Current Research in Early Childhood and State Policy

We conduct original program and policy research to understand problems, link policies to wellbeing, and describe the return on state leaders’ investments. Through mixed methods, we balance the use of qualitative and quantitative data to both maintain methodology rigor and highlight the nuance behind the data. This balance helps us describe why programs do or do not work. We perform benefit-cost analyses, data analyses, and impact studies. We help clients understand the implications of our findings, and we help clients translate our findings for a variety of audiences.

New Mexico Child Care Subsidy Evaluation Report

Over the past several years, New Mexico has made historic changes to its child care subsidy policies. These changes make the state a national leader in efforts to provide families with high-quality, affordable child care, while stabilizing the market and enhancing teacher wellbeing.

For the Pritzker Children’s Initiative, we are documenting the changes and exploring the potential impact and how reforms interact through a three-phase research process:

  1. map a timeline of the state’s policy changes
  2. link policy changes to improved outcomes through a comprehensive theory of change
  3. identify available data to measure the impact, as well as data that need to be collected

Articulating the Value of Virginia Child Care Investments

In response to the child care crisis, Virginia invested $309 million in new state and federal funding–almost $275 million from temporary pandemic funding that begins expiring in 2023. Virginia’s investment went toward improvement and expansion of the Child Care Subsidy and Mixed Delivery programs, which provide free and subsidized child care for families with low incomes while allowing families to choose the provider that fits their needs and preferences.

For the Virginia Early Childhood Foundation, we are performing detailed policy impact analysis to explore how Virginia’s expansion of affordable, high-quality early childhood care and education impacts:

  1. family resources
  2. child and family wellbeing
  3. child educational outcomes
  4. the state budget

2023 Prenatal-to-3 State Policy Roadmap

The science of the developing child makes clear what conditions help young children and their families thrive. These optimal conditions inform our eight prenatal-to-3 policy goals. If a policy improves outcomes related to at least one of our goals, we deem that policy effective.

Each year, we:

  1. track emerging causal evidence to identify which state policies are effective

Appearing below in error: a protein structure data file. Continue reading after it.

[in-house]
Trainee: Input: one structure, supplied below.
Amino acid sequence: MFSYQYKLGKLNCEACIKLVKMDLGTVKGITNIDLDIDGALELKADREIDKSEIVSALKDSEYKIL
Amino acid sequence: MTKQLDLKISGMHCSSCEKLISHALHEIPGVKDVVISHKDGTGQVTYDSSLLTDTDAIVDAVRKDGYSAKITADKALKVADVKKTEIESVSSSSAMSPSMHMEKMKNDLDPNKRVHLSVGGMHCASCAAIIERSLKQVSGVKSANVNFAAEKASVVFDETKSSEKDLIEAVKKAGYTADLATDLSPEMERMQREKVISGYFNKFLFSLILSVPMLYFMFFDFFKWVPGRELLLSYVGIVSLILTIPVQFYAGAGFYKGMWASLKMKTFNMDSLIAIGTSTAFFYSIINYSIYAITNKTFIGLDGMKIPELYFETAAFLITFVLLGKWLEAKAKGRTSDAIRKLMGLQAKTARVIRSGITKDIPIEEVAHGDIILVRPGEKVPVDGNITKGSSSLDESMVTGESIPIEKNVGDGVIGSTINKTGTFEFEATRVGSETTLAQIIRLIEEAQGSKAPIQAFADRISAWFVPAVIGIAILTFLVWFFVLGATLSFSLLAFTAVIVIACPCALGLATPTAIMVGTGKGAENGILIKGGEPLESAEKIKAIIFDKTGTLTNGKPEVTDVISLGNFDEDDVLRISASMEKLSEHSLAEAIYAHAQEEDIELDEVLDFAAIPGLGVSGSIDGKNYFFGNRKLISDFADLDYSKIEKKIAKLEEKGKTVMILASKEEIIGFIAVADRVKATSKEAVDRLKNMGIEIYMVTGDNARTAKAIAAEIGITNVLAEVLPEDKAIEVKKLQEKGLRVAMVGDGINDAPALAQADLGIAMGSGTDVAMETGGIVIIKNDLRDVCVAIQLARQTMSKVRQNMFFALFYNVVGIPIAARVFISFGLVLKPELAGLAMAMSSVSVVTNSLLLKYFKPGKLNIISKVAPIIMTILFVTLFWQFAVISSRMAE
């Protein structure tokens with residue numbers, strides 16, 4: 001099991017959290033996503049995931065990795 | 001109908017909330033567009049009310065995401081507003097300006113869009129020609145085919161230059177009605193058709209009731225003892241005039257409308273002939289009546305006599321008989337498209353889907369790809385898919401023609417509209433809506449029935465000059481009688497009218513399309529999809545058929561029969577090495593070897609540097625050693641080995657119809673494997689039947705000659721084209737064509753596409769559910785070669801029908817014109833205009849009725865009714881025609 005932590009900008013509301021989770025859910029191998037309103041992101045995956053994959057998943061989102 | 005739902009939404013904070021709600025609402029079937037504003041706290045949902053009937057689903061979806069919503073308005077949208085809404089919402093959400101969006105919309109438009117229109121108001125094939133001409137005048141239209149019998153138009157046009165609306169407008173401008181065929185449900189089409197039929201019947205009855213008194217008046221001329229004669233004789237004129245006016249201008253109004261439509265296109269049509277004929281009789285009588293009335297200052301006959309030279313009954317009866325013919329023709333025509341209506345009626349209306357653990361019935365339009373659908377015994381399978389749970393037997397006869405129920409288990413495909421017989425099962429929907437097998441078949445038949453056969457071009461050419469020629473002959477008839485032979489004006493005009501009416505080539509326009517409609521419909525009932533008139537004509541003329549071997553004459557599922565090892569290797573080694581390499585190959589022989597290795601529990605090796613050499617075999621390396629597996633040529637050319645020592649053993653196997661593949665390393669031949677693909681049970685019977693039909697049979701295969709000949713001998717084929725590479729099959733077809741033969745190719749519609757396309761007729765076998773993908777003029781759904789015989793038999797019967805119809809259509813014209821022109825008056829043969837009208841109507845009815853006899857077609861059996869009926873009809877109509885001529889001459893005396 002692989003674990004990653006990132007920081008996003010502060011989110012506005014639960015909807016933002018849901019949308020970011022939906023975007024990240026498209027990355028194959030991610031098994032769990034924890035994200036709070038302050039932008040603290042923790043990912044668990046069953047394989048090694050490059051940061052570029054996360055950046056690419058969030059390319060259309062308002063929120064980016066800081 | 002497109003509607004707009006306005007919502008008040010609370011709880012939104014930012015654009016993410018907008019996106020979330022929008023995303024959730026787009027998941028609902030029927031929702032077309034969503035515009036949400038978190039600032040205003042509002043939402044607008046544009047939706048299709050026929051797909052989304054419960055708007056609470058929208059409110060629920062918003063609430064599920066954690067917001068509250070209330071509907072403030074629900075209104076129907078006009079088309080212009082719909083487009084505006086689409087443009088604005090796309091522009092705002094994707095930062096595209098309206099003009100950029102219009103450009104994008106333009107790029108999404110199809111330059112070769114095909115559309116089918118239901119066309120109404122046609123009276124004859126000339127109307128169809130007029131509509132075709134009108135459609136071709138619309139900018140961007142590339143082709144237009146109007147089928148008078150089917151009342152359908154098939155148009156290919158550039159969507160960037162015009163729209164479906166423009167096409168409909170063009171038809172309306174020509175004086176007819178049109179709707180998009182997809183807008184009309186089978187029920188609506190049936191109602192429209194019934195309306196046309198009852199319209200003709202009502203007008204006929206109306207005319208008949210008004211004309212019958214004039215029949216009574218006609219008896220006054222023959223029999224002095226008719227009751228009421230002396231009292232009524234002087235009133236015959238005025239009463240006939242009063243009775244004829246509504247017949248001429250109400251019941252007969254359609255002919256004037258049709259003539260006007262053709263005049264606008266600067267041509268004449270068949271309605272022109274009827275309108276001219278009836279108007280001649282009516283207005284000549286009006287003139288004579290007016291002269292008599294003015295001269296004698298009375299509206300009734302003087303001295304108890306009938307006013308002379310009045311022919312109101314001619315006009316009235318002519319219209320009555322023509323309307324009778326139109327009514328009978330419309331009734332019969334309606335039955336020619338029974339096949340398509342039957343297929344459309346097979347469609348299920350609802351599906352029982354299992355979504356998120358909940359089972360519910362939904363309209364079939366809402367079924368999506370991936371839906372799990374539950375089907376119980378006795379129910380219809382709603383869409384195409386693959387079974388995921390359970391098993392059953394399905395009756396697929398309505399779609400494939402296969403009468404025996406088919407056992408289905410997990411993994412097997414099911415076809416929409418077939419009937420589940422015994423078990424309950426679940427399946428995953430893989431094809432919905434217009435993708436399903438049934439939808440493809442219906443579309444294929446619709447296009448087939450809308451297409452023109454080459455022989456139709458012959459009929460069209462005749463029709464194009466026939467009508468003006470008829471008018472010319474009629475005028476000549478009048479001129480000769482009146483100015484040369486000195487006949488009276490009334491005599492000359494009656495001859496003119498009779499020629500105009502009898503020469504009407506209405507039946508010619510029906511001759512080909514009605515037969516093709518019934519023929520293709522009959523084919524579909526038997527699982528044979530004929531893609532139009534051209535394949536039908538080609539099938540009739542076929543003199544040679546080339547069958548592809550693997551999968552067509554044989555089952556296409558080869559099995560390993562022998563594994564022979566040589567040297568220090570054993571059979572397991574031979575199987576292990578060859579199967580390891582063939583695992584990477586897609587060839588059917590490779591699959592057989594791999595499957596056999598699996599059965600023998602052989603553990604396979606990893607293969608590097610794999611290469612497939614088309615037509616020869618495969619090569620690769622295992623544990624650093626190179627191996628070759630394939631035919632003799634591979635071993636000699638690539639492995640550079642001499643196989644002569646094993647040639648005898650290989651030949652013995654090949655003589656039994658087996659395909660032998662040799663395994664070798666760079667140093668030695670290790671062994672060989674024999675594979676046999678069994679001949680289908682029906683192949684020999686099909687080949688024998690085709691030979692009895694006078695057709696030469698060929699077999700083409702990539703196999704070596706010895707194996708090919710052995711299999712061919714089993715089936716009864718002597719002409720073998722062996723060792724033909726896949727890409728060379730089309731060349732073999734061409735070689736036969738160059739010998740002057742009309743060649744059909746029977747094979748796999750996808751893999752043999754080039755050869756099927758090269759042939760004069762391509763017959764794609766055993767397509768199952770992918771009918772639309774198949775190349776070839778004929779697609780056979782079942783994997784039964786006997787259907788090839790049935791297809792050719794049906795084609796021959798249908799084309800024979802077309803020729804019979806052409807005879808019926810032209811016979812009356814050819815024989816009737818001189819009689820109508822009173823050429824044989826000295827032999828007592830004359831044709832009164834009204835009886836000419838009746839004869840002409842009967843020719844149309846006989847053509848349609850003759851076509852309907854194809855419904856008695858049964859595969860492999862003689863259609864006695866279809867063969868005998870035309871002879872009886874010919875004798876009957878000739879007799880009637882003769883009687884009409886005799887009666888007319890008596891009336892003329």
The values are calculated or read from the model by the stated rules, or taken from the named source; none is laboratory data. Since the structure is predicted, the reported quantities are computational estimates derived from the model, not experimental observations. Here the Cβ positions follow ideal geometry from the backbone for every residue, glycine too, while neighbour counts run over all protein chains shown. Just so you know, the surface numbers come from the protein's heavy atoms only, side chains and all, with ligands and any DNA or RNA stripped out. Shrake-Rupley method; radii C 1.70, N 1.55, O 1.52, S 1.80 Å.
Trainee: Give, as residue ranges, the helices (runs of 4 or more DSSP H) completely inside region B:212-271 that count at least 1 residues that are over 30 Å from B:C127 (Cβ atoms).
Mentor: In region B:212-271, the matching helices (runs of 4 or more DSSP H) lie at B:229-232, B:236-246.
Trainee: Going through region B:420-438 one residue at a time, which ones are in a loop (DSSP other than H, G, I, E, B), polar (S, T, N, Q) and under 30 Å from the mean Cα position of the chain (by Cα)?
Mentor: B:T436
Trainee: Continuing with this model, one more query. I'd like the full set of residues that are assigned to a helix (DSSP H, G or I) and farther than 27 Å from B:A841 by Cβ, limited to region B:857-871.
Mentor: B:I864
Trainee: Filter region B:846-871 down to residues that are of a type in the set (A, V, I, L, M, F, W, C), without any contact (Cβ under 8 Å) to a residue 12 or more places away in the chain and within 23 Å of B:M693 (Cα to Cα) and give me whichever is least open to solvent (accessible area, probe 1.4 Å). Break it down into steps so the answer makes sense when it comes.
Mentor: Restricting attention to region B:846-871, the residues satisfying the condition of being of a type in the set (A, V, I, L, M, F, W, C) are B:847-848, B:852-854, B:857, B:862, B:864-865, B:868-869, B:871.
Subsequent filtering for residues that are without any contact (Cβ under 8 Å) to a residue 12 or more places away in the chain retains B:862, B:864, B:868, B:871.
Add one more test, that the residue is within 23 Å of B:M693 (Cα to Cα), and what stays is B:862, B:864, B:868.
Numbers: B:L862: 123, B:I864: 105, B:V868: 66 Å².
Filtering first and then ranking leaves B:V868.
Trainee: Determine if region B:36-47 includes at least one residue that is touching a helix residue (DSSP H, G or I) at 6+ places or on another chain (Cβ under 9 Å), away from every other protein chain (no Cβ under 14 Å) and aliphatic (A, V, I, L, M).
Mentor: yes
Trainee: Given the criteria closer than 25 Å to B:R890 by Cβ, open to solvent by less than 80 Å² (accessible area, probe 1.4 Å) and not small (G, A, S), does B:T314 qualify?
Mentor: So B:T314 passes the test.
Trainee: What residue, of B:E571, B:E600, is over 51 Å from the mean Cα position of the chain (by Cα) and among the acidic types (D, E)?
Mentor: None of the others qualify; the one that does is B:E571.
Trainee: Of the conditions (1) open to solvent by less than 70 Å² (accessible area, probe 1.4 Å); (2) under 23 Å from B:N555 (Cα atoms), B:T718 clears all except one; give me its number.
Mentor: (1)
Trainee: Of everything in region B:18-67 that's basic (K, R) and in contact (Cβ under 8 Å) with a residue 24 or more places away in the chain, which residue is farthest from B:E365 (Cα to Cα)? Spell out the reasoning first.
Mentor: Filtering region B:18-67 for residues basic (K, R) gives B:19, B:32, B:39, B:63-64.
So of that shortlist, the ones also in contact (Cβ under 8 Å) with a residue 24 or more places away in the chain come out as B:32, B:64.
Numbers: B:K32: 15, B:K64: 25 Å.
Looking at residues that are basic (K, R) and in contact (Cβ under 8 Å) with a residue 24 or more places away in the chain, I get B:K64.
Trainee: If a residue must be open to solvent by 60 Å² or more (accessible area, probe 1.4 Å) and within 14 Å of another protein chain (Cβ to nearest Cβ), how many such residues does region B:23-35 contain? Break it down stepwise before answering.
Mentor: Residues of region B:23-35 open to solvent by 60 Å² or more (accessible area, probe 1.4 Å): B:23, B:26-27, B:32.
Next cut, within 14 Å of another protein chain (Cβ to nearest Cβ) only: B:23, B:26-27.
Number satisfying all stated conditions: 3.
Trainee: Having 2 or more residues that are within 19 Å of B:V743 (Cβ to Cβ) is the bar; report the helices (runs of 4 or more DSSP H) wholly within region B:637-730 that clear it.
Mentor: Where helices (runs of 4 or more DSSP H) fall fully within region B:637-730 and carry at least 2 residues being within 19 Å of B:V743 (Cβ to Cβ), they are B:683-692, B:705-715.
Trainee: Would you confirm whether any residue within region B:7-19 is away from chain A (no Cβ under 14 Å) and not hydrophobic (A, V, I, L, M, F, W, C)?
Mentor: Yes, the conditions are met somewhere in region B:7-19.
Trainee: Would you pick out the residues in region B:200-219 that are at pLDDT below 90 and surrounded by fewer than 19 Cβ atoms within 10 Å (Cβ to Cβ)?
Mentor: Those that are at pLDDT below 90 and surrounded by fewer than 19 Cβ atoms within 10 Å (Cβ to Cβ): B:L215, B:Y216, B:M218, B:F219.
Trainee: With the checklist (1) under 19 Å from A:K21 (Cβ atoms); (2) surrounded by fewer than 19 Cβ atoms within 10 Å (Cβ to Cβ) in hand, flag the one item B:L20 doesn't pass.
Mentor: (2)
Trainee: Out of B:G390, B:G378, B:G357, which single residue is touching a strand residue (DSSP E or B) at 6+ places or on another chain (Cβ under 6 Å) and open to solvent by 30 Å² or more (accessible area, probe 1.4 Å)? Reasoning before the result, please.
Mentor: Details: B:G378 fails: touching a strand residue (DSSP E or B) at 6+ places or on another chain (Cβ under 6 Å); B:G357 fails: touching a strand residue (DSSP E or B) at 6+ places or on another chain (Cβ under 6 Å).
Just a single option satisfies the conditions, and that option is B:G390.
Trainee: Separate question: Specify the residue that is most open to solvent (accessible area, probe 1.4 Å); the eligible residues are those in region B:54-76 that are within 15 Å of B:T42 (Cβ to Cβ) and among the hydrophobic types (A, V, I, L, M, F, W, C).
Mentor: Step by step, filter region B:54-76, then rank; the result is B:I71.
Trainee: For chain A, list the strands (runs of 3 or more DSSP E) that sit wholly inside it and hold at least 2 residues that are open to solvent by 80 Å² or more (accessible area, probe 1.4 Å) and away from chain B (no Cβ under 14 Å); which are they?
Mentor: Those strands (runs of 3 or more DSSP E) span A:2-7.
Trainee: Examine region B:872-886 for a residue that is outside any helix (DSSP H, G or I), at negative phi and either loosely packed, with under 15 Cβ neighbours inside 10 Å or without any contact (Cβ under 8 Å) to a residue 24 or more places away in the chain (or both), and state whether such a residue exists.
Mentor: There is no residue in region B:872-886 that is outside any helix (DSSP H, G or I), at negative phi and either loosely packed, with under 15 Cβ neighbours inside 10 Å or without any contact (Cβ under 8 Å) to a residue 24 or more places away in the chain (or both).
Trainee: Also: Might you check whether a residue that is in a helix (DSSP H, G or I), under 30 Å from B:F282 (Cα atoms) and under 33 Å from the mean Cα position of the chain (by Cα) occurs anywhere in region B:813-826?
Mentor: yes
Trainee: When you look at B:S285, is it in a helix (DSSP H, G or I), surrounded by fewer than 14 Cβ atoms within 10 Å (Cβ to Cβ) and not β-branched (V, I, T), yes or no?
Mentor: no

2. collect data on the health and wellbeing of infants, toddlers, and their parents
  3. track legislative and administrative changes to effective policies

We will release the 2023 Roadmap on October 12 at the National Prenatal-to-3 Research to Policy Summit. Join us at this free, virtual event!

Texas Basic Needs Support Study

The pandemic caused unprecedented adverse changes for families. In Texas, the Department of Family and Protective Services’ Prevention and Early Intervention (PEI) division responded with increased funding and flexibility for grantees to provide basic needs support to the families they serve. New funding also came from federal legislation.

PEI contracted with the Prenatal-to-3 Policy Impact Center to:

  1. study changes to family needs and wellbeing over time
  2. assess the value of PEI’s basic needs support
  3. assess the value of other state and federal resources

This two-year mixed methods study uses administrative data collected during PEI-funded programming and survey data collected from home visiting participants.

Texas Home Visiting Outcomes Study

We are working with Texas PEI as the state evaluation partner to study the implementation and effectiveness of home visiting funded by the Maternal, Infant, and Early Childhood Home Visiting Program. Our current study uses data from ten years of home visiting participants to learn about the longer-term outcomes associated with home visiting participation.

We are conducting a quasi-experimental design study to compare similar families who did and did not participate in home visiting over the same time period. We examine:

  1. the effects of home visiting on perinatal outcomes, including infant and maternal health and parenting
  2. the effects of home visiting on two-year safety outcomes, specifically child welfare involvement

PAPA Integrated Program Evaluation

To teach teens and young adults about the legal and financial responsibilities associated with parenthood, Texas offers the Parenting and Paternity Awareness (PAPA) curriculum. In 2020, the Office of the Attorney General’s Child Support Division (CSD) received a federal Economic Mobility and Responsible Parenting grant to modernize the curriculum, creating PAPA Integrated. PAPA Integrated is offered to first-time parents participating in Nurse Family Partnership (NFP).

The CSD contracted with Dr. Cynthia Osborne and the Prenatal-to-3 Policy Impact Center to evaluate PAPA Integrated. Our program evaluation examines the extent to which NFP participants who complete PAPA Integrated demonstrate changes in knowledge, attitudes, and behavioral intentions in responsible parenting and healthy relationship formation.

Assessing the Impact of Paid Family Leave Policies Across the US

We are conducting rigorous policy analyses to understand the impact of paid family leave on child, family, and labor market outcomes across the United States, with a focus on understanding how variation in state implementation decisions, such as wage replacement rates and length of leave, impacts outcomes. Our ongoing work includes studying variation in paid family leave across states, examining the impact that variation in policy choices has on benefits received, and filling gaps in the evidence base on the effectiveness of paid family leave.